Around an oblong conference table, on a Tuesday late in the afternoon, the Nigerian government detailed a new and innovative program designed to attract American companies that want to do business in Nigeria.
The plan, as revealed in full for the first time in a public forum, aims to partner U.S. companies that want to mentor Nigerian companies. In exchange, the Nigerian government promised to do everything it can to make sure the pairings are profitable.
The meeting, held at the Nigerian Embassy, included U.S. and Nigerian government representatives along with U.S. private businesses and other interested parties, outlined a plan of action for the new Nigerian Mentorship Program.
A Nigerian Executive Order signed in May assures American investors involved in the Mentorship Program a straight-forward process that will only involve dealing with one office.
The program will have an assigned officer who will deal directly with both Nigerian and American governments so American companies don’t have to.
Bayo Idowu, Head of Economic and Trade Relations at the Embassy of Nigeria, introduced the mentorship program. Chika Sylva-Olejeme, Chief Mentorship Officer at the National Mentorship Office of Nigeria, outlined the proposed procedure and the main reasons that the program is an exciting opportunity for U.S. business leaders and investors.
“We want the U.S. companies to make money,” says Sylva-Olejeme, “so Nigerians can learn how they made the money.”
The program aims specifically to involve micro, small, and medium enterprises (MSMEs) in order to improve and diversify the economy and business environment of both nations.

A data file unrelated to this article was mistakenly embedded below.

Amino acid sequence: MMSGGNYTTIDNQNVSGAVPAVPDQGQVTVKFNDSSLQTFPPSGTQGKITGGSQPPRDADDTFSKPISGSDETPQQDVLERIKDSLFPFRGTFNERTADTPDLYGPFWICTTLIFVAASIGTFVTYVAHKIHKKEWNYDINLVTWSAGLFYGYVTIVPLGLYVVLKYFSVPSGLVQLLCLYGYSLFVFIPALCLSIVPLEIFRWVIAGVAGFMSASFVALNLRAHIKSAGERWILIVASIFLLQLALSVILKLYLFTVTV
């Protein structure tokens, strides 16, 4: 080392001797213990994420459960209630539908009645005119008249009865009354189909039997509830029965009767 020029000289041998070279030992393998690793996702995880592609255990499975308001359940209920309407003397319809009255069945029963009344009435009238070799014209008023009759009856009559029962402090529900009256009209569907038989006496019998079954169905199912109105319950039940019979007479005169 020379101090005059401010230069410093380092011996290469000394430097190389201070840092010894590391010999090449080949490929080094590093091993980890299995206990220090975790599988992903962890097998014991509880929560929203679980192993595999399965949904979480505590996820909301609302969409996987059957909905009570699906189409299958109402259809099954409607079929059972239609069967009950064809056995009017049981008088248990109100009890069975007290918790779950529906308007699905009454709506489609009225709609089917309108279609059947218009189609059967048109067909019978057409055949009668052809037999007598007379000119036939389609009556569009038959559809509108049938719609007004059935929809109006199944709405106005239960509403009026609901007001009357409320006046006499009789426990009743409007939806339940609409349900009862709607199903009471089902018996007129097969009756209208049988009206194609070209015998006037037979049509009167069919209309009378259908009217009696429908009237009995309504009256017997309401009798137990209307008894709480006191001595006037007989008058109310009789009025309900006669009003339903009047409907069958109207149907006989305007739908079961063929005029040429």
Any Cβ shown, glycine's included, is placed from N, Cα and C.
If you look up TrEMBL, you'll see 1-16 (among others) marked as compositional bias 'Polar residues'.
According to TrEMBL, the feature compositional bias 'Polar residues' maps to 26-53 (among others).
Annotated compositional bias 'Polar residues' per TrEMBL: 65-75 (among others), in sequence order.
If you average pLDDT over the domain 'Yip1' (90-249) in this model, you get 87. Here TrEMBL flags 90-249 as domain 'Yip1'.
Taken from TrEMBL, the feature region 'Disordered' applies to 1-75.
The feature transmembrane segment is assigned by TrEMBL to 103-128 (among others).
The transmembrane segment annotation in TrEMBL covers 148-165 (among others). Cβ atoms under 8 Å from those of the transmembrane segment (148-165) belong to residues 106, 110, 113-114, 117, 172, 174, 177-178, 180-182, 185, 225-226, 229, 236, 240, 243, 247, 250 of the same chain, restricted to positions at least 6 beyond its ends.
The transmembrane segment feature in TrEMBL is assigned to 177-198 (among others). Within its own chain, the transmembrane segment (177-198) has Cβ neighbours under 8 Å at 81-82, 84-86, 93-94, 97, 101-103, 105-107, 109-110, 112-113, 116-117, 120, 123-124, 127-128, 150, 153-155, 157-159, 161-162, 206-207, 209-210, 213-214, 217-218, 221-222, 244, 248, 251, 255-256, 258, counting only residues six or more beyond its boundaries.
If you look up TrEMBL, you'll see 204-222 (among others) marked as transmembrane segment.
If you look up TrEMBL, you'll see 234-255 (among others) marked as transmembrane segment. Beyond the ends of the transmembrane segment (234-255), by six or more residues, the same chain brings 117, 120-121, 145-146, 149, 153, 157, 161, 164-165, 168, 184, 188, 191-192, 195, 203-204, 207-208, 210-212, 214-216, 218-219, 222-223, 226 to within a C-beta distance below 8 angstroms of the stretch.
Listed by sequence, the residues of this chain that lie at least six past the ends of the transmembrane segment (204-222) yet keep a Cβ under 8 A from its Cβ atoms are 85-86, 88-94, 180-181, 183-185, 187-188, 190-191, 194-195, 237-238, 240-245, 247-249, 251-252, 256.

Also present at the meeting were representatives from the U.S. Department of State, the U.S. Department of Commerce, the public relations firm The Publicity Agency, as well as representatives from Nigerian business and humanitarian organizations, Alpha Energy and Electric.
Private companies, said Idowu, may choose their own partner companies and customize agreements to suit their own specific dynamic and goals. A large-scale backing from the Nigerian government, along with input and guidance from the U.S. government, assures investors that words spoken about the NEMS program will be followed through with actions.
“For the first time, we have both governments’ backing,” says Franklin Ekechukwu, head of the Nigerian Mentorship Program in the United States, “so we are not going to lose.”
In exchange for the sharing American methods of business and diplomacy, the U.S. companies will get assistance and backing from the Nigerian government. Licensing and other internal business matters will be up to the American company.
The American company will also receive the final say in which companies it will mentor.
The Nigerian government says there will be a thorough vetting process for prospective mentees entering American work environments. Anyone interested would need to apply and be approved before the company receives access to a web portal with a private PIN number.
Mentor companies in Nigeria will receive basic skills training prior to beginning work in the U.S.
American companies interested were asked to submit objectives and outline how the Nigerian company will learn from them.
A follow-up meeting is scheduled at the U.S. Dept. of Commerce to further discuss ways in which the U.S. government will back the program.
Individuals and companies are welcome to begin the application and pairing processes any time, and the mentee portal is estimated to be ready next month.
Interested U.S. business leaders should contact Franklin Ekechukwu at (202) 710-4069.
SOURCE: The Publicity Agency
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